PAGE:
Human beings have the most immature newborn and longest maturational schedule of any animal. Only 25% of the adult brain size is developed at full-term birth, and most of the brain's size and volume is co-constructed by caregivers in the first years of life. As a result, early life experience has long-term effects on physiological and psychological wellbeing. Contexts for Young Child Flourishing uses an evolutionary systems framing to address the conditions and contexts for child development and thriving. Contributors focus on flourishing-optimizing individual (physiological, psychological, emotional) and communal (social, community) functioning. Converging events make this a key time to reconsider the needs of children and their optimal development in light of increasing understanding of human evolution, the early dynamism of development, and how these influence developmental trajectories. There is a great deal of misunderstanding both among researchers and the general public about what human beings need for optimal development. As a result, human nature unnecessarily can be misshaped by policies, practices, and beliefs that don't take into account evolved needs.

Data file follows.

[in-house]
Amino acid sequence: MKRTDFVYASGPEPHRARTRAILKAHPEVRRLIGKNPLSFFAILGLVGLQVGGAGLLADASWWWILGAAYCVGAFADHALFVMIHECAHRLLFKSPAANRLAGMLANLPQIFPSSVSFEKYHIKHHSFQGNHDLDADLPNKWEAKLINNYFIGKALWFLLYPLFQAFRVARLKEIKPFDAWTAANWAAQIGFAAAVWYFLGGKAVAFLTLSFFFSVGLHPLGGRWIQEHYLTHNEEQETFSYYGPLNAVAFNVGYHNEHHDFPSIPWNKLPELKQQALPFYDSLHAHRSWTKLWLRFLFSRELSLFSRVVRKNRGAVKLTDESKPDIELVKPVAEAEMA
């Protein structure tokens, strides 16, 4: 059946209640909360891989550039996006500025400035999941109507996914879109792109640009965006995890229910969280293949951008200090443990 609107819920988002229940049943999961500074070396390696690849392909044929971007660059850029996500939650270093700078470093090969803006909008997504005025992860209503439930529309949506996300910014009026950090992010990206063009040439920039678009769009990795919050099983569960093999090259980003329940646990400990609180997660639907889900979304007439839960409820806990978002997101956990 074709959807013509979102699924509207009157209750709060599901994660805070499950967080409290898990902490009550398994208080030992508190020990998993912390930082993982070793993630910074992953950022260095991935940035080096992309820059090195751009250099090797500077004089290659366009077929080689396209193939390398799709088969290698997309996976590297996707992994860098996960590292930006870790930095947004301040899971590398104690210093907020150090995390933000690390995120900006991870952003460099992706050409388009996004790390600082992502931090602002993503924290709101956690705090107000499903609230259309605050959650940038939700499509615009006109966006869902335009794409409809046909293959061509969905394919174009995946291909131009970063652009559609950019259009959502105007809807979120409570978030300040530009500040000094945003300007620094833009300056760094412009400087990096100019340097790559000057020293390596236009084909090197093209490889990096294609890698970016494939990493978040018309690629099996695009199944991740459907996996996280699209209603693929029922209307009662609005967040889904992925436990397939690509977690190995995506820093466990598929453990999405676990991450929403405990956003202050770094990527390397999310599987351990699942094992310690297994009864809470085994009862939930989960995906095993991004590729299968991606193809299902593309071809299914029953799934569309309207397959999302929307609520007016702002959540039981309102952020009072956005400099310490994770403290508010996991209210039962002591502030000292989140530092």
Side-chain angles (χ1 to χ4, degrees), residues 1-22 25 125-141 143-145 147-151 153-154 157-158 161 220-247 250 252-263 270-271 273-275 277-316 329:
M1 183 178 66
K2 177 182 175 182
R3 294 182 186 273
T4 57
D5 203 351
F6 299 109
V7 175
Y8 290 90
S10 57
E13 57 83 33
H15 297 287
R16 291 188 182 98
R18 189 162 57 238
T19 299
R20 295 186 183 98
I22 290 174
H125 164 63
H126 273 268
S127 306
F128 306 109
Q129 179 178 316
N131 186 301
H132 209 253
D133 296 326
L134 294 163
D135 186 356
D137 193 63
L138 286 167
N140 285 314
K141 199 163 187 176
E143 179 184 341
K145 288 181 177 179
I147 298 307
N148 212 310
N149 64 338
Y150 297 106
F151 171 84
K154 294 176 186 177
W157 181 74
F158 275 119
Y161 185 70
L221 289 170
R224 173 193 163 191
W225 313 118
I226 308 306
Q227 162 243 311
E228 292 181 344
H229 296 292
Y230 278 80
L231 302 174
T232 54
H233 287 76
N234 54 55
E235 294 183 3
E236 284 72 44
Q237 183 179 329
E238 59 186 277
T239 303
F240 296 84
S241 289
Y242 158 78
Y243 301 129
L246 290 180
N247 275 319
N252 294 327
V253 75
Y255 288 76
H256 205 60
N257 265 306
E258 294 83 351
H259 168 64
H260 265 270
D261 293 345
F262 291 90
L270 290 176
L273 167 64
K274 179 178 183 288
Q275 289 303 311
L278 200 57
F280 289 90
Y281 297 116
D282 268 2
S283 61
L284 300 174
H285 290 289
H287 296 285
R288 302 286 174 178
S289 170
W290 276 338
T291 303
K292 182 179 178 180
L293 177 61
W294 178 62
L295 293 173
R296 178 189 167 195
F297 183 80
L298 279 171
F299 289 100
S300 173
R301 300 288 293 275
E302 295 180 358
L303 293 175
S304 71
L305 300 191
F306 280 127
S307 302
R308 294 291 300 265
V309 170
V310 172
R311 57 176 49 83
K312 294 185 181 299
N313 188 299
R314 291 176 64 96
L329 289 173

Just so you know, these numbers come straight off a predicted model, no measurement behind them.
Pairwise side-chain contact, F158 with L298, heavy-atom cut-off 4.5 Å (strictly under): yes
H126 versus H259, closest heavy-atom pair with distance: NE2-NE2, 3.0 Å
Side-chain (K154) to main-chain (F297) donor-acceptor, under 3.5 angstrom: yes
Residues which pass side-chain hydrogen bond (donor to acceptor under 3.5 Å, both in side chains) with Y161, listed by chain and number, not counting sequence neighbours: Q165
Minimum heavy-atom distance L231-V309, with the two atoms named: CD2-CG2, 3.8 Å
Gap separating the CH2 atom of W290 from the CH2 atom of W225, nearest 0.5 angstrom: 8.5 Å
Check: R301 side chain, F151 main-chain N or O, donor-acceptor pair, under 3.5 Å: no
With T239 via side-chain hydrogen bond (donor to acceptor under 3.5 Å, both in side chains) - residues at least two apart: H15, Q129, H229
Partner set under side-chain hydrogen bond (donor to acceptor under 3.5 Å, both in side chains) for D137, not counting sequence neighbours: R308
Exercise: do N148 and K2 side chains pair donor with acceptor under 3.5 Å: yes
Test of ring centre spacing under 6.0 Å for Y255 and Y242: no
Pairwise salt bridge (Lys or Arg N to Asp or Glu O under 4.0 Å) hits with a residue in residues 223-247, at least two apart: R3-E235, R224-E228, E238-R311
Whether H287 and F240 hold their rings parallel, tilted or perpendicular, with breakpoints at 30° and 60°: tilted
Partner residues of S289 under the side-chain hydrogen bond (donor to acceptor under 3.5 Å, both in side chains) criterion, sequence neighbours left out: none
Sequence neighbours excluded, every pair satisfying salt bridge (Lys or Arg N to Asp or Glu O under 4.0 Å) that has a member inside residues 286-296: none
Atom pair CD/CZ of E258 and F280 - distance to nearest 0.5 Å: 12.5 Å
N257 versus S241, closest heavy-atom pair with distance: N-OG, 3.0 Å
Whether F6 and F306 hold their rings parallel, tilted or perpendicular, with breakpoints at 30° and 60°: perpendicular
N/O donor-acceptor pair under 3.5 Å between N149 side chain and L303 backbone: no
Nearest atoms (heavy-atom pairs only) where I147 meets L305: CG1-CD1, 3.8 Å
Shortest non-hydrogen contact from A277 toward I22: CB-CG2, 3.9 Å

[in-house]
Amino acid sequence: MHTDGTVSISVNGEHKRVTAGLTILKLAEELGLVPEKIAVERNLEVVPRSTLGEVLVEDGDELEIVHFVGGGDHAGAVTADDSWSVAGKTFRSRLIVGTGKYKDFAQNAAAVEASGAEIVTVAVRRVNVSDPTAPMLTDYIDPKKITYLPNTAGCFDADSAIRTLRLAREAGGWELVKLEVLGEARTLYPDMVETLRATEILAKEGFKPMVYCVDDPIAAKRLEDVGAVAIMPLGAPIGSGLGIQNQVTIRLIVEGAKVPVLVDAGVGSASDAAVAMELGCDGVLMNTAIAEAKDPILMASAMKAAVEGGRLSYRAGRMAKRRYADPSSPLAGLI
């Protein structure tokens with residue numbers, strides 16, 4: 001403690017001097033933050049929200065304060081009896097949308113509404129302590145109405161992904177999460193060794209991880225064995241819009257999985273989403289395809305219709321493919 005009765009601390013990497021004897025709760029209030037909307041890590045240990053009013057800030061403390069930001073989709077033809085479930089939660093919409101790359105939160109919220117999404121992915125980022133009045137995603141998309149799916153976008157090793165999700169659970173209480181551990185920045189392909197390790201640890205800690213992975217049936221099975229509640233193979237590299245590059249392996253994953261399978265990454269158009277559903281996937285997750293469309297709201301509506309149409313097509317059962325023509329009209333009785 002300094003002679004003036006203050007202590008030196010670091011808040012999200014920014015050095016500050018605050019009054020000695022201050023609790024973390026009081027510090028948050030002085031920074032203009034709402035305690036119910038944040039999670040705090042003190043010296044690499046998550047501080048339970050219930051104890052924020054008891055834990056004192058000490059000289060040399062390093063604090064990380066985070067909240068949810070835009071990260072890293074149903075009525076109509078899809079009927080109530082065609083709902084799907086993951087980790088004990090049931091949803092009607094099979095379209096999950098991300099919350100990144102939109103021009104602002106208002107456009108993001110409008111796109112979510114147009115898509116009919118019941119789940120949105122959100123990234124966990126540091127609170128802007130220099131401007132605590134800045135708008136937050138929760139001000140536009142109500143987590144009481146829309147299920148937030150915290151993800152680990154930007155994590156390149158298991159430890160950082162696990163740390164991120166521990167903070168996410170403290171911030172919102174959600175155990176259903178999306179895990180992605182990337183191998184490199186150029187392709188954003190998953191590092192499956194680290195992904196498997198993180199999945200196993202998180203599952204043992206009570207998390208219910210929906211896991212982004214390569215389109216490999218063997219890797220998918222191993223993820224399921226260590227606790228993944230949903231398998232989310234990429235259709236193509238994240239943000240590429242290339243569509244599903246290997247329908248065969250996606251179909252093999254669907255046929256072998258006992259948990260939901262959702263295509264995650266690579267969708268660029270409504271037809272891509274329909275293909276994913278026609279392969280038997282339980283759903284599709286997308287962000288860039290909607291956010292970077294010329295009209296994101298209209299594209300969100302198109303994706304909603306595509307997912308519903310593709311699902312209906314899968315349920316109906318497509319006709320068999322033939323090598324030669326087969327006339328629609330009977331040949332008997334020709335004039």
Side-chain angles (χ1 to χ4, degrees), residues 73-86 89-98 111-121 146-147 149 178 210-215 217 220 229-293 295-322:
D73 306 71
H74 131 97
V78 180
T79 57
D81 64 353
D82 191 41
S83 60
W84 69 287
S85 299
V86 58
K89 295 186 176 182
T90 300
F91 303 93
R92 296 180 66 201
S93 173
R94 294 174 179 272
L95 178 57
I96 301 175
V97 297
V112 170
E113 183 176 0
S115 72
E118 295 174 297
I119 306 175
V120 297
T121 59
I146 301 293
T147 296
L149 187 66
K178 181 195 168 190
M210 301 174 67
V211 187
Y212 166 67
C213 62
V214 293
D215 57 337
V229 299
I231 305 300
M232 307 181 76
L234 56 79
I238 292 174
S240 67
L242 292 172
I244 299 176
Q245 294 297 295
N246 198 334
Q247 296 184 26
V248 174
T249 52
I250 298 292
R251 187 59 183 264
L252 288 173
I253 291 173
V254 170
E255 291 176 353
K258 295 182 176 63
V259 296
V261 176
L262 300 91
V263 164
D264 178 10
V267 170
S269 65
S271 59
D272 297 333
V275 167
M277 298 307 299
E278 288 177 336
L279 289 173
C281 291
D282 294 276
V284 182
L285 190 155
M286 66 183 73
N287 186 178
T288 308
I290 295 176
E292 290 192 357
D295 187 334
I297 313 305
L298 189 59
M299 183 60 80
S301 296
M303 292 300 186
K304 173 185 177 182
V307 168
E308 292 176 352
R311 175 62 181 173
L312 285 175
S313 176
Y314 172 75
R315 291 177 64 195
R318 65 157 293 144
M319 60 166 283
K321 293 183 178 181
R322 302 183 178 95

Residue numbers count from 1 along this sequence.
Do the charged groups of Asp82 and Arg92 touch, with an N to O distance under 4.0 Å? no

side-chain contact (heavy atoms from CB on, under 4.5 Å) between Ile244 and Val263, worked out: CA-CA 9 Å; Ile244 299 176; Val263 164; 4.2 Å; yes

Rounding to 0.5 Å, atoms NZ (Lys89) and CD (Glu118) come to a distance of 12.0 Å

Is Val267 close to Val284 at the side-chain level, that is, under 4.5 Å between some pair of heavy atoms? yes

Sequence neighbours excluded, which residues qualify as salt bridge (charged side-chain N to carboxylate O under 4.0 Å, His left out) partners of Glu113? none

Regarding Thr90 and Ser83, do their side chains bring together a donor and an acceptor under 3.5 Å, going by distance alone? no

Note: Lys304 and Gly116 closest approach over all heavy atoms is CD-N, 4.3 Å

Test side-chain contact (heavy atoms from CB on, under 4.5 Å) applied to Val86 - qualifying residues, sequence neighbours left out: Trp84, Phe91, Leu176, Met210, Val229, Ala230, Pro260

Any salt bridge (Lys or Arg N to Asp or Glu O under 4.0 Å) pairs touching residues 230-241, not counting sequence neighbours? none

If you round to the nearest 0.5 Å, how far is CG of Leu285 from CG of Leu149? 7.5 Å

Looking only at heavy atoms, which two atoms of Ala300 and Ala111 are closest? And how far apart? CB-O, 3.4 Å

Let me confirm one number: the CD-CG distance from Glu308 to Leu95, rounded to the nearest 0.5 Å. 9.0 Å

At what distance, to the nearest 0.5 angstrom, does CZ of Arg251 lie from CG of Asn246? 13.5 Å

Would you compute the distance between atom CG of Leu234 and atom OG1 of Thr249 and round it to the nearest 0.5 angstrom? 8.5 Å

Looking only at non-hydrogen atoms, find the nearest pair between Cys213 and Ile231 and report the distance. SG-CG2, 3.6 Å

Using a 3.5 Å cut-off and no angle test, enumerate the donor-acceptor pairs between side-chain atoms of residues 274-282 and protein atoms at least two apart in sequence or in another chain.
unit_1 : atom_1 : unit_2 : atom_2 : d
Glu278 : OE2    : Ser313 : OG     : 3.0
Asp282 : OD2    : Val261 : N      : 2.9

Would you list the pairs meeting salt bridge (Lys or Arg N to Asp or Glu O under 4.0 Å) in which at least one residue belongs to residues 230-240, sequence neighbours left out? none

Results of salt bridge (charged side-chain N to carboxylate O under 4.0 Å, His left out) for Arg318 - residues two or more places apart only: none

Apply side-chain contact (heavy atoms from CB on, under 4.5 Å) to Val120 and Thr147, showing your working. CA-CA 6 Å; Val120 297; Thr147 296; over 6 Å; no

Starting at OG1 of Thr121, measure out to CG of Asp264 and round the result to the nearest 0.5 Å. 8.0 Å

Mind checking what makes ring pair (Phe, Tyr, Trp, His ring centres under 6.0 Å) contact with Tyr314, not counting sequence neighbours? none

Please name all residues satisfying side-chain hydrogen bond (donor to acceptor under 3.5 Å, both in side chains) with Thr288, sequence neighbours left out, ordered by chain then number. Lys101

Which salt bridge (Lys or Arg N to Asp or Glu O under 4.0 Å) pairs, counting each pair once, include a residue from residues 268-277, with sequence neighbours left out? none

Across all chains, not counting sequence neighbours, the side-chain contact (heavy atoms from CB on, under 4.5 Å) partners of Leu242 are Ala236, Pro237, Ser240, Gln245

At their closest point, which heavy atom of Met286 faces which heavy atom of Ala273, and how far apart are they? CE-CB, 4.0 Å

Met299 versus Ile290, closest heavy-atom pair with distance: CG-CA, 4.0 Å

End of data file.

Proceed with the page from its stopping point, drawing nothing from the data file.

Empirical studies today are better able to document and map the long-term effects of early deficits or early assets, mostly in animal models but also through longitudinal studies. An interdisciplinary set of scholars considers child flourishing in regards to issues of development, childhood experience, and wellbeing. Scholars from neuroscience, anthropology, and clinical and developmental studies examine the buffering effects of optimal caregiving practices and shed light on the need for new databases, new policies, and altered childcare practices.